22. Updated NCHRP255 Procedures • New method is somewhat more complex but alleviates these issues (read on your own): • Linearly interpolate model base year volume to latest count year (MBVI) • Calculate Ratio of CNT/MBVI (R) • Calculate Difference of CNT-MBVI (D) • Calculate Ratio of Model Forecast to MBVI (MR) • Calculate Adjusted Model Forecast Volume (MFVA) 4 ways: • Ratio: MFVA=R*MFV • Diff: MFVA=D+MFV • Mod Rat: if MR<1 MFVA=R*MFV • else MFVA=((MR-1)*(D+MFV)+R*MFV)/MR • RAF: (Diff Meth+ Mod Rat Meth)/2 • Select Method • If 1<R<2 and MR<=1: RAF • If R<=1 and MR<=1: Ratio • If 0.5<R<2 and MR>1: RAF • If R<=0.5 and MR>1: Mod Rat • If R>=2: Diff • Key difference is to account for ratio of forecast model to base model

  23. Updated NCHRP255 Procedures • Old screen line procedure allocated forecast in proportion to capacity • Fine if near saturation but in reality there are many factors besides capacity that determine route allocation • New method pivots from independent route estimates, only reallocating over-capacity volumes to under-capacity routes (at saturation will match the old method) • Also added ability to apply link-wise adjustments to links with no base count (such as new roads) using the screen-line values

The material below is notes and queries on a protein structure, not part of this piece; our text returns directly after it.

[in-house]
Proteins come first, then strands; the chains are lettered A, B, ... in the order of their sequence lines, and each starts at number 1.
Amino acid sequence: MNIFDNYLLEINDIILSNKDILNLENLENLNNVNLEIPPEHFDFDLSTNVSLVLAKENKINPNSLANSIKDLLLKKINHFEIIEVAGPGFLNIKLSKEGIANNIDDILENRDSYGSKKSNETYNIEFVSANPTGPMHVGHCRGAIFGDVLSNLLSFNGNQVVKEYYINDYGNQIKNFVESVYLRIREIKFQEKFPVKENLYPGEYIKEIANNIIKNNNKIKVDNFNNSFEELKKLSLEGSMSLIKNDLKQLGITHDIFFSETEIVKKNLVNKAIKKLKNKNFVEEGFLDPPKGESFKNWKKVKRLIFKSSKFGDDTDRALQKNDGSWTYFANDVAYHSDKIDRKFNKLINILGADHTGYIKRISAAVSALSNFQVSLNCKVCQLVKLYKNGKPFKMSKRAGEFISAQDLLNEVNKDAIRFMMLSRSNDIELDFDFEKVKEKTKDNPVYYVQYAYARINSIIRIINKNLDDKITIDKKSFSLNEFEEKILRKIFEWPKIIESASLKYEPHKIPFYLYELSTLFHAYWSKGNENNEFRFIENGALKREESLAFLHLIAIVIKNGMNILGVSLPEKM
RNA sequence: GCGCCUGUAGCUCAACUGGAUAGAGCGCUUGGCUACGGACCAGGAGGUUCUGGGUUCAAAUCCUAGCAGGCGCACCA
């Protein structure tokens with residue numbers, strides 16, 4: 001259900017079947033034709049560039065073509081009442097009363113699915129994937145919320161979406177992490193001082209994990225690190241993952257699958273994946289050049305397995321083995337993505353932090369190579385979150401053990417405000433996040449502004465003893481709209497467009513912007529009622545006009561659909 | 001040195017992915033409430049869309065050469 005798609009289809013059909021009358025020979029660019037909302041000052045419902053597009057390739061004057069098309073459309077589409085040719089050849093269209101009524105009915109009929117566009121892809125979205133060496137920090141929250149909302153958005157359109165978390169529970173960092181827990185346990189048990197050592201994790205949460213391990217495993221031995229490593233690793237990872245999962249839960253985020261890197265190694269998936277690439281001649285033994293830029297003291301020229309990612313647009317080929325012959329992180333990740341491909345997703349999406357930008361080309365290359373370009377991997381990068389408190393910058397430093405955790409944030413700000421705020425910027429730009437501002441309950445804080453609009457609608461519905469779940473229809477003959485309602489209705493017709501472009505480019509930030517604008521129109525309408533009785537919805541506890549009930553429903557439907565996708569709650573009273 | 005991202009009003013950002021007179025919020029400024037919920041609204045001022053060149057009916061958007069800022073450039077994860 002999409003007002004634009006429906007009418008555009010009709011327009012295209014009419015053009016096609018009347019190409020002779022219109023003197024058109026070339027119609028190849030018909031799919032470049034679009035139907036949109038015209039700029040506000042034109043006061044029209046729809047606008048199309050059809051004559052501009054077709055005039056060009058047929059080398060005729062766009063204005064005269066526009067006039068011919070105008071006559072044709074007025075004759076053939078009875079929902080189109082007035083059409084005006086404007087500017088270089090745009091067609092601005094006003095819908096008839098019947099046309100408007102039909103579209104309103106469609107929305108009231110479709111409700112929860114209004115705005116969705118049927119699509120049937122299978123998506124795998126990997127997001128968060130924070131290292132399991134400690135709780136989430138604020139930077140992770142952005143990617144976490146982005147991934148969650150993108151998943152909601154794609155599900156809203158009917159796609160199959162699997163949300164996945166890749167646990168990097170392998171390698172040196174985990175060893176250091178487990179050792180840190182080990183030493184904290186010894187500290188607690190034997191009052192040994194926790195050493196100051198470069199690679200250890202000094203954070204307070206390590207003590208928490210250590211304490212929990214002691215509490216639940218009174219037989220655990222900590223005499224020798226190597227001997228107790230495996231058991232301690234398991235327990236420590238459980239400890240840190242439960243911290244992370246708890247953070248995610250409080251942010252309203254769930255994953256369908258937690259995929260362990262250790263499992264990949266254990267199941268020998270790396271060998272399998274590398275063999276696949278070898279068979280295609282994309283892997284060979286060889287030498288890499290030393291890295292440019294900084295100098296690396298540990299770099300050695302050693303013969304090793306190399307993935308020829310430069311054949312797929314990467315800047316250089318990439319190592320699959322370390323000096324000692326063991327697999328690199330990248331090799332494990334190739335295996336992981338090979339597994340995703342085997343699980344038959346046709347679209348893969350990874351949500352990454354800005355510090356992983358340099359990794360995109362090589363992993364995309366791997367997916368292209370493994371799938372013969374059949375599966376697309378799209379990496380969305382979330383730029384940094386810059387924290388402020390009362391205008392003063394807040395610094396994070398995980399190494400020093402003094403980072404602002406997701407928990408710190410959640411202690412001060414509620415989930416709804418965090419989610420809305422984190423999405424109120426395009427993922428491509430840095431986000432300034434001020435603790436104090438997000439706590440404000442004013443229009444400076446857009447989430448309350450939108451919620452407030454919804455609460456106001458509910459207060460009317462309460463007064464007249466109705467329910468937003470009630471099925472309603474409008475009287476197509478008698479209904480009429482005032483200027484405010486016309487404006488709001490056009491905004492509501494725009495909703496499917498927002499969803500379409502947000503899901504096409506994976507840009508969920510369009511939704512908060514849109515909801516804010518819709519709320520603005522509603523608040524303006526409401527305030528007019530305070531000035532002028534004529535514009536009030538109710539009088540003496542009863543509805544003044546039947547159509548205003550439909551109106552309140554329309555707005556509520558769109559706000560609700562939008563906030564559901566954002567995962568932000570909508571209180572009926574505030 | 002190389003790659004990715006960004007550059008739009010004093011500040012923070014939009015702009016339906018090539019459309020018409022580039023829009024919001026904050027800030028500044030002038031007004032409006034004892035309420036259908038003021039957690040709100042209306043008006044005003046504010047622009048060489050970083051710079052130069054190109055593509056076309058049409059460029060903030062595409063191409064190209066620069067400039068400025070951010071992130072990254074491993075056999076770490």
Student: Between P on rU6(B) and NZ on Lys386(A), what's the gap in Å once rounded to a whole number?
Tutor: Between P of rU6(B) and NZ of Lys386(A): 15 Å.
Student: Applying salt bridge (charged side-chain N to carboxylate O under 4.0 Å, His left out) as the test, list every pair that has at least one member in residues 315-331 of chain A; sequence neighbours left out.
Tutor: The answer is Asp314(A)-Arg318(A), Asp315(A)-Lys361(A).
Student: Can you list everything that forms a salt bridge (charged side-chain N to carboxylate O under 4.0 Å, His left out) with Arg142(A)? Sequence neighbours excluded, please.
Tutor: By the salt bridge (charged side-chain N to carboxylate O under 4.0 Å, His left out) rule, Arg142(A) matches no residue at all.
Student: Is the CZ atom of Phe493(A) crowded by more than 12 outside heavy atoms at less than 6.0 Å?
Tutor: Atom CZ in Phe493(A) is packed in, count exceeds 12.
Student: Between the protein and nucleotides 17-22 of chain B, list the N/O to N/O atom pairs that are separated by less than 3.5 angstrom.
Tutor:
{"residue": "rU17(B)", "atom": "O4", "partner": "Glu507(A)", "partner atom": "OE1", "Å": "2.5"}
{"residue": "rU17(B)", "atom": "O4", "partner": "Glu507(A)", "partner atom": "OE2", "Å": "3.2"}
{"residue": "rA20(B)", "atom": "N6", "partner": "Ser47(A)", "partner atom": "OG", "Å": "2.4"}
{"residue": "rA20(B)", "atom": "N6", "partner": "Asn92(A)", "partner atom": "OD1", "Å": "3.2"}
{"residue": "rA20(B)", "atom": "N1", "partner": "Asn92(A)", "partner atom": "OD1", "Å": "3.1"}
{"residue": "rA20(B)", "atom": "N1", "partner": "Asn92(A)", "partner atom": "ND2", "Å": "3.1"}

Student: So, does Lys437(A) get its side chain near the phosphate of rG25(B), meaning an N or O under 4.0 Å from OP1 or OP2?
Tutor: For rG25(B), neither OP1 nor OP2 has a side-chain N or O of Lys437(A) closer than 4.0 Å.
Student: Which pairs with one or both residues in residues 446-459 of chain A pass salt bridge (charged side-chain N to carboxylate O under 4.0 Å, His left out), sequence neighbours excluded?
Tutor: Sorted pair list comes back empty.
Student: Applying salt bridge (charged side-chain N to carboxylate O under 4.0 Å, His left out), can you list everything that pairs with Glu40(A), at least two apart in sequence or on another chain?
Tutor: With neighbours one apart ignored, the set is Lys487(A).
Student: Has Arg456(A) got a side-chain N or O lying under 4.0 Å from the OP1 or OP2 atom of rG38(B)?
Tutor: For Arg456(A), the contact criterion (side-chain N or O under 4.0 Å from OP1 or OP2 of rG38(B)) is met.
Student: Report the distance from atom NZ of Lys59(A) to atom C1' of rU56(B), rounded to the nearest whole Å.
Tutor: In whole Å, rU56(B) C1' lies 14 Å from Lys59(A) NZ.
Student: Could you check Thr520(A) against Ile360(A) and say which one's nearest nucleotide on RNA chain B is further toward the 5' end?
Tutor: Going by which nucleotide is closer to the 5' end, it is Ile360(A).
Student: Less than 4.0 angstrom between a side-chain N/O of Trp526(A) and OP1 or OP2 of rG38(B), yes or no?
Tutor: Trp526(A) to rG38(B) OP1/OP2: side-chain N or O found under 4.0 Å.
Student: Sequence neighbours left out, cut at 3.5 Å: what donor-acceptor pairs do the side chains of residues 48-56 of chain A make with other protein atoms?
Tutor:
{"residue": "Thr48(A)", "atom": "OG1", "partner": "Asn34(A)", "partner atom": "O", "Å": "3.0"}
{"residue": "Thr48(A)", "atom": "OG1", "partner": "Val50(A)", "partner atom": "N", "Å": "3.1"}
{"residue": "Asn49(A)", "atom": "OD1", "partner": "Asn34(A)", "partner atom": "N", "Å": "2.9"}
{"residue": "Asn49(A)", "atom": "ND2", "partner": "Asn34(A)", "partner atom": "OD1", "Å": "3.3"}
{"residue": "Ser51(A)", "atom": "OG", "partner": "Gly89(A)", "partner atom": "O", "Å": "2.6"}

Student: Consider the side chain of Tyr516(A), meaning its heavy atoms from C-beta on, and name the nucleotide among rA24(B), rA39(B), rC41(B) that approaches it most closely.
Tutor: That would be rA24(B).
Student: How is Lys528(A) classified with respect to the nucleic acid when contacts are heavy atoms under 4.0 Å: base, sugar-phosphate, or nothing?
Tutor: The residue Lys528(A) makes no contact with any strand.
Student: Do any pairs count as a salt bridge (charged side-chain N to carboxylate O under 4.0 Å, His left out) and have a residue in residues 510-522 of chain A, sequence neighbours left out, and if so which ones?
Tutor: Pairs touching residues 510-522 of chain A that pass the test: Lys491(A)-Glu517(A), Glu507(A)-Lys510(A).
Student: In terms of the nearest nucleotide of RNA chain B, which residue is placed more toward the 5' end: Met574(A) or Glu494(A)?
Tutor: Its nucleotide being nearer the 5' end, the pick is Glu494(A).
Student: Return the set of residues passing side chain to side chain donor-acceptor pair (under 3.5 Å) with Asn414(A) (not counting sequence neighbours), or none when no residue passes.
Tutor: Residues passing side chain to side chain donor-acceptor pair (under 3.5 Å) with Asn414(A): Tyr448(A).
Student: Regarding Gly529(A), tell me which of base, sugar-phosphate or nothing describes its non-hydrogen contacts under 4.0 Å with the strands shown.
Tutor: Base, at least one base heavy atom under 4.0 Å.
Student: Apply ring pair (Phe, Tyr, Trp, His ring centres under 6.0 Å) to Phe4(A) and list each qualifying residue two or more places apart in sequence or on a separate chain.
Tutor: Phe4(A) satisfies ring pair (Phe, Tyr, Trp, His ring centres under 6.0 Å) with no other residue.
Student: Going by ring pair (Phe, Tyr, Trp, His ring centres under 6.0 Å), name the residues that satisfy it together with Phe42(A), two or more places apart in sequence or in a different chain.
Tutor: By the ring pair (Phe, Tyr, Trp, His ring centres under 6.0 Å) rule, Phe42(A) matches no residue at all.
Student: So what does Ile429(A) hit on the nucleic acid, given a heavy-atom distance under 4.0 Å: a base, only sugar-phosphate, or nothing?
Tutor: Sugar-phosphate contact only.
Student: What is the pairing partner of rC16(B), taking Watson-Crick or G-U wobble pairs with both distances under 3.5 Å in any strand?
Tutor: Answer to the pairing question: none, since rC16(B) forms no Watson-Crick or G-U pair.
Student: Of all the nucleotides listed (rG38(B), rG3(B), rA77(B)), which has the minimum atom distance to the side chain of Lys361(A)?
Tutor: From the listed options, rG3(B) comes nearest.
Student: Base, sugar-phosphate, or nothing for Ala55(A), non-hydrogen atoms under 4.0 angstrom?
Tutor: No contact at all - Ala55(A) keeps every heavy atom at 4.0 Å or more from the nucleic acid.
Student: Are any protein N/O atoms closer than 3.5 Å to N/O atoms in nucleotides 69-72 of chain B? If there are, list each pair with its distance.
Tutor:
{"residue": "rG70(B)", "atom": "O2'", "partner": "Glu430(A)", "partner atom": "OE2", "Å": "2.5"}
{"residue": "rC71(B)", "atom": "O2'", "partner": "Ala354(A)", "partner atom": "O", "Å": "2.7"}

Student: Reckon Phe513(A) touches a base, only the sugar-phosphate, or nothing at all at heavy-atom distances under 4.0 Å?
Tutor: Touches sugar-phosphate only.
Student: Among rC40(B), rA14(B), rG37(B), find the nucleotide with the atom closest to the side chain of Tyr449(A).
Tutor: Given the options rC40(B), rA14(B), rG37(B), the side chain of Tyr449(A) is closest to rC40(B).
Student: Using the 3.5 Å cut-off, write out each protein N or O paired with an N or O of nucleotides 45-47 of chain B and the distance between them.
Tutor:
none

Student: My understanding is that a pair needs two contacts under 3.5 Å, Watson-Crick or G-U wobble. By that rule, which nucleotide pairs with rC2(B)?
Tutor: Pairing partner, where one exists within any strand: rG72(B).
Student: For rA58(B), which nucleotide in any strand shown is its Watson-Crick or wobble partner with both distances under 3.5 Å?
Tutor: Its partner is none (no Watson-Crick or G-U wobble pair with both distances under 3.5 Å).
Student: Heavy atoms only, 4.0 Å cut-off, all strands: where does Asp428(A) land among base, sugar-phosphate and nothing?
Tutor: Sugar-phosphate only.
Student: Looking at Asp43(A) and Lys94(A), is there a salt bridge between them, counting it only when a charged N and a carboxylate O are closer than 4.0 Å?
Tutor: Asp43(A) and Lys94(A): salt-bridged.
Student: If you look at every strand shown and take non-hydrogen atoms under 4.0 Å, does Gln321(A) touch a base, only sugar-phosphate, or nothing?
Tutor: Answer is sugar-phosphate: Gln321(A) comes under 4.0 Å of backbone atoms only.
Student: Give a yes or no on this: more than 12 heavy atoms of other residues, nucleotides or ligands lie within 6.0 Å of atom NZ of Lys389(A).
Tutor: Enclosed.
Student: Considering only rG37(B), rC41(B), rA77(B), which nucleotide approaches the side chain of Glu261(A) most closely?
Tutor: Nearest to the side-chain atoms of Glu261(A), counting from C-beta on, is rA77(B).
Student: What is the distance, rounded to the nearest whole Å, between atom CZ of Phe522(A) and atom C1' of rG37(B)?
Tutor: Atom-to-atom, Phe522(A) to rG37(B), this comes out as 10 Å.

24. Updated NCHRP255 Procedures • Turn Movement procedure heavily modified • Allows input of model turn movements • Allows forcing to adjacent intersection or other exogenous number by turn movement Count input (similar to old) Model input

  25. Updated NCHRP255 Procedures Volume forcing Final results

  26. NCHRP 8-83 Project • While ODOT has updated methods internally, these updates tend to be ad hoc • More carefully researched methods are needed so ODOT participates in the NCHRP 8-83 project Technical Advisory Panel • Will cover technical methods and policy issues that did not exist in 1982 • Phase 1 research complete and guidebook being produced